Constraints and Creativity (the mother of innovation)
There is a school of thought that says that creativity is enhanced by having all the resources you need. There is an equal and opposite school that suggests that constraints and limitations can spur ingenious thinking. It is to this view that I want to turn. Before we look at the business applications of constrained thinking, let’s look at the gypsy jazz musician Django Reinhardt who uses two fingers to play the guitar better than most people with five:
Django accidentally fused two of his fingers together in an accident at an early age. He relearned to play the guitar using the two remaining fingers and is an acknowledged genius in his genre.
Black Sabbath’s Tony Iommi accidentally ‘copied’ Django’s loss after an accident in a sheet metal factory, where he lost the tips of the middle and ring finger of his right hand (ouch!) Inspired by Reinhardt, Iommi made plastic covers for his fingers by melting plastic bottles and dipping them in while the plastic was soft enough to be shaped. Check Iommi’s thoughts out about his approach on YouTube:
How do constraints work in business?
Businessman Sir Richard Branson has utilised his ‘constraint’ of dyslexia to make him a much better at delegating and hiring people who he must trust in order to get things done. He does not meddle because, in some cases, he quite simply can’t.
In my own case, working in pharmaceutical innovation, it is quite surprising to note that many of the world’s breakthrough therapies were not discovered in sterile glass corporate buildings, but often in rather unpromising ‘sheds’, by people who had been starved of budget, resources, and attention by the corporate centre. I’m not suggesting that resource constraints should become a modus operandi for running innovative businesses. It’s just that sometimes opulence does not produce the conditions where people give that extra effort that leads to innovative breakthroughs.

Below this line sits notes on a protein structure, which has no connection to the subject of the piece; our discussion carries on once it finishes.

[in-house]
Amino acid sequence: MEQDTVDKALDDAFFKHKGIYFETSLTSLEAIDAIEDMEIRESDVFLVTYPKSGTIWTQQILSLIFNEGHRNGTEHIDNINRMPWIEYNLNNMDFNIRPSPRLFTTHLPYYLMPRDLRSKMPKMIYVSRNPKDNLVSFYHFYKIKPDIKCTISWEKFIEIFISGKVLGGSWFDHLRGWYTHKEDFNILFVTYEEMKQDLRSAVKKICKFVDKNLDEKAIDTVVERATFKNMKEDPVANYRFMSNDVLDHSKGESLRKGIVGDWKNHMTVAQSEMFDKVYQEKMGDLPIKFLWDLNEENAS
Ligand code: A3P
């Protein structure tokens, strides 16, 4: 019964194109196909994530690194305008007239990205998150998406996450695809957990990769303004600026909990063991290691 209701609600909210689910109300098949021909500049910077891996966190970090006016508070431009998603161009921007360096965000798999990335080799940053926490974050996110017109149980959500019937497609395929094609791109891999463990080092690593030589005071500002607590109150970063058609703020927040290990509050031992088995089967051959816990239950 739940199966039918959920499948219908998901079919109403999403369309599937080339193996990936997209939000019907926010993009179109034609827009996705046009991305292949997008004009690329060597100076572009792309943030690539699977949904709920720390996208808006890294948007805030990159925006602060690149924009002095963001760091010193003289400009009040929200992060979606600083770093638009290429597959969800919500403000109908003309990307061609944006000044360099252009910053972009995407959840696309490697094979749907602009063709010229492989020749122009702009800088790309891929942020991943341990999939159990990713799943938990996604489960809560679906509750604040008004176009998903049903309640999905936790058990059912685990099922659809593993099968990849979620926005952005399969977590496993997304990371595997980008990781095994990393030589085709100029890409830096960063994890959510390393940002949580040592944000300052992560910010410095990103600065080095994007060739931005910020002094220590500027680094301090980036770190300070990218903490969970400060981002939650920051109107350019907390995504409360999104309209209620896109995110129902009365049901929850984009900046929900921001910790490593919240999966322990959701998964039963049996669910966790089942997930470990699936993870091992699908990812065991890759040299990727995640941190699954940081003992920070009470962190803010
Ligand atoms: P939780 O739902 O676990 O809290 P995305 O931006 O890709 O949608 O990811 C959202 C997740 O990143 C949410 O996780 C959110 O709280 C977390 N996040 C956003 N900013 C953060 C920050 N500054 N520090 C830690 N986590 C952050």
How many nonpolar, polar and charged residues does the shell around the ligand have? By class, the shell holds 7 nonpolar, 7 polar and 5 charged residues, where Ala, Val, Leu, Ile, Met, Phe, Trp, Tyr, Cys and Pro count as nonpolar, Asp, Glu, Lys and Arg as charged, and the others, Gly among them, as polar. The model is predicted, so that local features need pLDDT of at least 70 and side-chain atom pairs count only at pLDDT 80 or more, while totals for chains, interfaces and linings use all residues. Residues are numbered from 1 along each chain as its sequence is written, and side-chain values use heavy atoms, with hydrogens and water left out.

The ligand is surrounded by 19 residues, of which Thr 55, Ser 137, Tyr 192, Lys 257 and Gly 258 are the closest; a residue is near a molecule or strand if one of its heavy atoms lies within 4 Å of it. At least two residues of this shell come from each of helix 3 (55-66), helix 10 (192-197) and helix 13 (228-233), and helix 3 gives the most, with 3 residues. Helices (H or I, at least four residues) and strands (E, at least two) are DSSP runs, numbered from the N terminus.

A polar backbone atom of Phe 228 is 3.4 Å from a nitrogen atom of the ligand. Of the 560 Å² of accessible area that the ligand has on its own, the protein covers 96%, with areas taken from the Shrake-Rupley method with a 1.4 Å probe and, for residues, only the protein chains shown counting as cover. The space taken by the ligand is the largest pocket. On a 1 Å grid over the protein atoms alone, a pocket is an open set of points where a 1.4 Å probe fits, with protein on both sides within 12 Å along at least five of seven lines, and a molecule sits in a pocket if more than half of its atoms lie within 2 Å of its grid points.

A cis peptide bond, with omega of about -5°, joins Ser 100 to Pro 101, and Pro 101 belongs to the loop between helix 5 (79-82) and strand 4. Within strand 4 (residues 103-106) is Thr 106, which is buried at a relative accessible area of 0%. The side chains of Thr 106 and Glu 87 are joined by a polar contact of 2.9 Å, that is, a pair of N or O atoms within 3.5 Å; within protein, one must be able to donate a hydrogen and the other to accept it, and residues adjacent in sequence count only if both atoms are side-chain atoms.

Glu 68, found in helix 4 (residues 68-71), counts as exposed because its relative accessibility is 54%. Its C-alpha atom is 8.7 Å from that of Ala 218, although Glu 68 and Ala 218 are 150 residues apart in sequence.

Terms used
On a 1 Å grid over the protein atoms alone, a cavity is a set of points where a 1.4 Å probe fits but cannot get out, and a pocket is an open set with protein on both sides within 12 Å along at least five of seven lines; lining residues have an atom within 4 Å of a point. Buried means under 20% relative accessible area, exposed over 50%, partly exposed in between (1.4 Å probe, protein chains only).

What can we learn from using constraints for creativity?
At a personal level, give someone all s/he needs and he may use those resources to come up with something ingenious. Tell him or her that it’s impossible or there isn’t time and they might spend a lot more effort proving you wrong. Clearly, this is not an absolute truth in all circumstances as some people are motivated by possibility, others by necessity. Nonetheless, the theory of constraints is widely ignored.
image credit: challenge.gov.sg
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Peter Cook leads Human Dynamics and The Academy of Rock, providing Keynotes, Organisational Development and Coaching. He is the author of seven books on business leadership. His three passions are science, business and music, having led innovation teams for 18 years to develop life-saving drugs including the first treatments for AIDS and the development of Human Insulin. Peter is Music and Business editor at Innovation Excellence. You can follow him on twitter @Academyofrock.
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